The opening of 2017 was a warm winter day (70s) where I live, complete with fast rolling clouds that happily unleashed sporadic sprinkles at regular intervals. It was on the spur of the moment that I decided to take my daughter and my friend to Falling Waters State Park, a place I’m quite familiar with, as it is only a 20 minute drive from where I live. The magnanimous park ranger who greeted us at the entrance gate informed us that we were in for a treat, since the heavy rains from the previous day meant that the centerpiece of the park, Florida’s tallest waterfall, was just gushing with excitement to greet her visitors. Such news put a smile on all of our faces.

I don’t know what it is about water that so draws the human species to her bosom, but there absolutely is something simply magical about her qualities that can’t quite be explained. When the three of us trekked down the steep stairs to pay tribute to the loveliness of this sweet little waterfall, there truly was some quality in the air that eluded description. The cold updrafts we all felt rising up from where the water crashes into the bottom of a spectacular 73 foot sinkhole were meant to be savored. A dad with his young family was tossing out dry leaves that caught the currents, flowing upward toward the trees, defying physics, at least for a moment or two. The children squealed with clueless delight.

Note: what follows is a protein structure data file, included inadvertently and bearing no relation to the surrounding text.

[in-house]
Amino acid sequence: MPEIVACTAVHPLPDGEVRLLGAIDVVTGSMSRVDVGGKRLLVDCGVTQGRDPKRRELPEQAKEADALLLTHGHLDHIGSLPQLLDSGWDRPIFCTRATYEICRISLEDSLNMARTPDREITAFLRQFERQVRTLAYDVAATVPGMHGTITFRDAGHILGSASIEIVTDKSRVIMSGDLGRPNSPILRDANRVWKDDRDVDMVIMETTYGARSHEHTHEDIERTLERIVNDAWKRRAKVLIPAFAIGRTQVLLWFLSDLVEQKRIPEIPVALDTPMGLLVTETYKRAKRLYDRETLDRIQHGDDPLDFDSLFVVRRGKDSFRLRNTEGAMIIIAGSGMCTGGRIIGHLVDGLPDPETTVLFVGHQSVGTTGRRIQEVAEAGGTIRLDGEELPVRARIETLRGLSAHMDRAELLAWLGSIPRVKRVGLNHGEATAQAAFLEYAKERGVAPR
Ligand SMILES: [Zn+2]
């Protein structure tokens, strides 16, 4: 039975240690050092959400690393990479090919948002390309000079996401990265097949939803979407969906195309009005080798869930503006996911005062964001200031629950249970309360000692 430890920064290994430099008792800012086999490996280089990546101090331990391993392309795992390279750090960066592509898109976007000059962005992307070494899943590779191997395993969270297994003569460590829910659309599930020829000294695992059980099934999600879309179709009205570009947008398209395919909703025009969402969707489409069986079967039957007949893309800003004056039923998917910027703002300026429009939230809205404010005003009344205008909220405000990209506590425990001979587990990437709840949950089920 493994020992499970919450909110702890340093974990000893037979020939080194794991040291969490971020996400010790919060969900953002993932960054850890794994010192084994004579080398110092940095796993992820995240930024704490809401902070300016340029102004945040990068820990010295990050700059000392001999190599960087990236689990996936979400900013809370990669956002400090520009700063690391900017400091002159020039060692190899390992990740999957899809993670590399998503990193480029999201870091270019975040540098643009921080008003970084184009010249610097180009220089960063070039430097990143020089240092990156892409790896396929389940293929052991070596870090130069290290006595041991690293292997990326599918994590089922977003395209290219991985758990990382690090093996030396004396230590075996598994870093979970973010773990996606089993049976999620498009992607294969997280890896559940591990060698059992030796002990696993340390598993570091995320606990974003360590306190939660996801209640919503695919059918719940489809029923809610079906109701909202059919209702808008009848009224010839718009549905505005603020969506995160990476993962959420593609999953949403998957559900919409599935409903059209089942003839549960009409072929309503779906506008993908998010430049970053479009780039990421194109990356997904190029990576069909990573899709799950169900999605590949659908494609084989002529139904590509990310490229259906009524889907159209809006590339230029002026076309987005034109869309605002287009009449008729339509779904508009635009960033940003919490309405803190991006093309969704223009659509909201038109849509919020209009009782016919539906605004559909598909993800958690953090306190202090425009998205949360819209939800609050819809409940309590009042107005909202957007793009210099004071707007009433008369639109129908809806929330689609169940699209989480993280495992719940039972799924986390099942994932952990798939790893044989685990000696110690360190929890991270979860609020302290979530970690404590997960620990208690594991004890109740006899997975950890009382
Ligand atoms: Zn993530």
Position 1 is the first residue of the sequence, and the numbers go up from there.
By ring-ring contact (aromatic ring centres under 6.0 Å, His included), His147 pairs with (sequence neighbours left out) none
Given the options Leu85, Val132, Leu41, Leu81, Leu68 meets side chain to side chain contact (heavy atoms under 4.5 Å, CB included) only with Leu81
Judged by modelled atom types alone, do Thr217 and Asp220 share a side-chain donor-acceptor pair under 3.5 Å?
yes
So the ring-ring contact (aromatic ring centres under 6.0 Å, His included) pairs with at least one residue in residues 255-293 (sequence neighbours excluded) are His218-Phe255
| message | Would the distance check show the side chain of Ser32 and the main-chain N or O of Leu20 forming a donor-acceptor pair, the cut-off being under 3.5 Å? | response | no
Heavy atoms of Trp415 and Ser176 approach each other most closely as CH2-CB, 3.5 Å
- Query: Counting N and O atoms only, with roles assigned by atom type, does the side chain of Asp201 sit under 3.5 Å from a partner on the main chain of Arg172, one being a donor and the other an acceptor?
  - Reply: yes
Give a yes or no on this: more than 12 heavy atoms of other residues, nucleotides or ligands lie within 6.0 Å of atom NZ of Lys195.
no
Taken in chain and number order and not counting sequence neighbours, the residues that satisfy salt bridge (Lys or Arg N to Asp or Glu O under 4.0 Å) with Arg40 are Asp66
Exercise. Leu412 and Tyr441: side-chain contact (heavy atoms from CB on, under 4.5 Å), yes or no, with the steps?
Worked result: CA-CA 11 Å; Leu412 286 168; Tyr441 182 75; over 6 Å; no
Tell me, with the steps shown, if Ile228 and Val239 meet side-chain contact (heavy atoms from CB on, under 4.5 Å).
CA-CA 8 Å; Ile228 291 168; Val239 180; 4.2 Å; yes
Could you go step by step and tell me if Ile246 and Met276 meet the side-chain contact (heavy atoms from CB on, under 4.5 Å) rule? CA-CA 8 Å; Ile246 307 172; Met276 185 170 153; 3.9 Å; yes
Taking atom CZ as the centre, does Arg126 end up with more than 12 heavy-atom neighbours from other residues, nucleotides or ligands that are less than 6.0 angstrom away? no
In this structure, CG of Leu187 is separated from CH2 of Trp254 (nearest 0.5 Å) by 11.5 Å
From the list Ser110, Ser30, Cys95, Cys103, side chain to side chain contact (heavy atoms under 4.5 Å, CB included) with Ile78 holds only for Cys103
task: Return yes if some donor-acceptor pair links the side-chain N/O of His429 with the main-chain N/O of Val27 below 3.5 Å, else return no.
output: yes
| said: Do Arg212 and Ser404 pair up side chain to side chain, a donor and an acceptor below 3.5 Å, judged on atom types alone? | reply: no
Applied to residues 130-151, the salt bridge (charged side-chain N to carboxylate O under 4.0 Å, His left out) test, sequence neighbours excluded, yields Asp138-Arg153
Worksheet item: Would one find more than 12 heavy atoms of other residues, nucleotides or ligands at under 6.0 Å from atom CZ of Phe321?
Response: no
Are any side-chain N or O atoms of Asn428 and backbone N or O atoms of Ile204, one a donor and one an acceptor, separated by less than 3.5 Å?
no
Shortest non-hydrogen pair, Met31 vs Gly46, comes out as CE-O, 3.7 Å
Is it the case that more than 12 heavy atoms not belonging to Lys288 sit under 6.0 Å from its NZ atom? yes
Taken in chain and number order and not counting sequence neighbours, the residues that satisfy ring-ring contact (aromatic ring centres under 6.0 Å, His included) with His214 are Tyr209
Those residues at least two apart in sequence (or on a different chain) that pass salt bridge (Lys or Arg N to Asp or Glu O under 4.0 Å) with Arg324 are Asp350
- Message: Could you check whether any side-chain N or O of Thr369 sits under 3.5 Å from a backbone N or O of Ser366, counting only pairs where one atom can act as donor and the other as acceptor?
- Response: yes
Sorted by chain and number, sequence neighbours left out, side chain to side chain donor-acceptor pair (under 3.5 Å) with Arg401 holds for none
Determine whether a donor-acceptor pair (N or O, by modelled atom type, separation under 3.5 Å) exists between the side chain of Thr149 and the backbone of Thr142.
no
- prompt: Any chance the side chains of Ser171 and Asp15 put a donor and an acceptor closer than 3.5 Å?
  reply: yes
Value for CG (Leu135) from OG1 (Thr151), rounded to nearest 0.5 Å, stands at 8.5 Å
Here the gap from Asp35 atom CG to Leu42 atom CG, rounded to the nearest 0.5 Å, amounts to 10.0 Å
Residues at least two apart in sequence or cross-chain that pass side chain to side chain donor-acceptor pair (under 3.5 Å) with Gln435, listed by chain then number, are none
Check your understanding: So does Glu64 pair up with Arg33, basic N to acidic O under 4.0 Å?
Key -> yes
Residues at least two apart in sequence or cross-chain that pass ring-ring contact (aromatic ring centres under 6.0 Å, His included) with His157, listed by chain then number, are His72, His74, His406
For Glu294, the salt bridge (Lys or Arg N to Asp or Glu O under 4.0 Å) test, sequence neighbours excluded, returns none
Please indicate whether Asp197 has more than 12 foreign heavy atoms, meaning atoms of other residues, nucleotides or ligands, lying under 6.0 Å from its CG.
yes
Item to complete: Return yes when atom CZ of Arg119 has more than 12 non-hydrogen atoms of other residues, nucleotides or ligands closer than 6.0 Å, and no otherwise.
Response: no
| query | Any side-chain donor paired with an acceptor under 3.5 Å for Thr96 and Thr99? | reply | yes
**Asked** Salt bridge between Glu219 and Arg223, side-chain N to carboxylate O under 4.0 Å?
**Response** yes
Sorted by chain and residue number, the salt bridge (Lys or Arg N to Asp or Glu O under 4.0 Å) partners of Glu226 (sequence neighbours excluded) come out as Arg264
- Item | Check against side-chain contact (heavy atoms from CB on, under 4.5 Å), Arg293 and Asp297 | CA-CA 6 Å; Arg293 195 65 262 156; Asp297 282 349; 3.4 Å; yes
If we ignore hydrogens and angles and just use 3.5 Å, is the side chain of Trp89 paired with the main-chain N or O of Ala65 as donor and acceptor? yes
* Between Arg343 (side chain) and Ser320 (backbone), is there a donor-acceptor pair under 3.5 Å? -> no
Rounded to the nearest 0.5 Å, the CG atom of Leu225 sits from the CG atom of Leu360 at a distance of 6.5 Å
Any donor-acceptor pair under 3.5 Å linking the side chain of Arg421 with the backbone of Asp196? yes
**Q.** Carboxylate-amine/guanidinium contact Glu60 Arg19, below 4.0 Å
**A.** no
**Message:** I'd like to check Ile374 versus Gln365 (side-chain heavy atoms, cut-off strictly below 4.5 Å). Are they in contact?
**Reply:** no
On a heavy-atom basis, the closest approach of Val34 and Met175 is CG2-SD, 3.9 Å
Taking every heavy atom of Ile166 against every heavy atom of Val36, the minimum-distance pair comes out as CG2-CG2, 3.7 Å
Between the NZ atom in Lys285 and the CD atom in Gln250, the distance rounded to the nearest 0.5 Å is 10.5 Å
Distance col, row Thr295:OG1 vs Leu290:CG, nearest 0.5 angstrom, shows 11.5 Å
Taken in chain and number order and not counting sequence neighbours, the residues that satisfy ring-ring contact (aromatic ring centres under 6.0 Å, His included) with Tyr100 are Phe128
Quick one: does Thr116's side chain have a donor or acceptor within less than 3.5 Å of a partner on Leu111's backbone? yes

The spray that wrapped all around everyone with a refreshing fine mist was enough to make us all want to linger a bit longer…and a bit longer. And the air, itself, so delicious in the lungs, filled with the natural aromas of the forest all around…quite beyond description and something to be experienced first-hand to appreciate its full impact on the soul.

An intimate moment. An opportunity to commune with one another. A time to walk slowly, hand-in-hand, without hurry, stopping often to take in the sights and sounds that only Nature can offer. Do we do this as much as we could…or should? No. Squeeze Nature in when and where we can is, I think, our M.O. as the dominant tenant on the block, with less and less allotment for the primal untamed world from which we sprang only seconds ago on the geological time scale.

I noticed that much of the trail a visitor is usually able to enjoy not only remained in the same disrepair I found it in more than a full year ago, but was now under complete quarantine. The portion of the park that normally offered placards to the uninformed, identifying the same various flora the Spaniards would have encountered upon their arrival to La Florida 400 years ago, was now entirely off limits. Rather sad in my estimation, and just a bit irresponsible. To my eye, it seemed to smack of budgetary gaps. A five dollar entry fee for vehicles that trickle in slowly I would imagine probably leaves much to be desired in the way of mandatory and ongoing park repair and maintenance. Maybe I was conjuring the whole thing up and the causes were something else entirely. Probably not.

I love Nature. My daughter loves Nature. I capitalize the word out of the reverence I feel for the something, the wonderful fresh green something that’s disappearing so fast from view, and all that comes along with it.

Go visit a state park with your family. They will love you for it. At least I hope so.

Sincere thanks for stopping by!

G2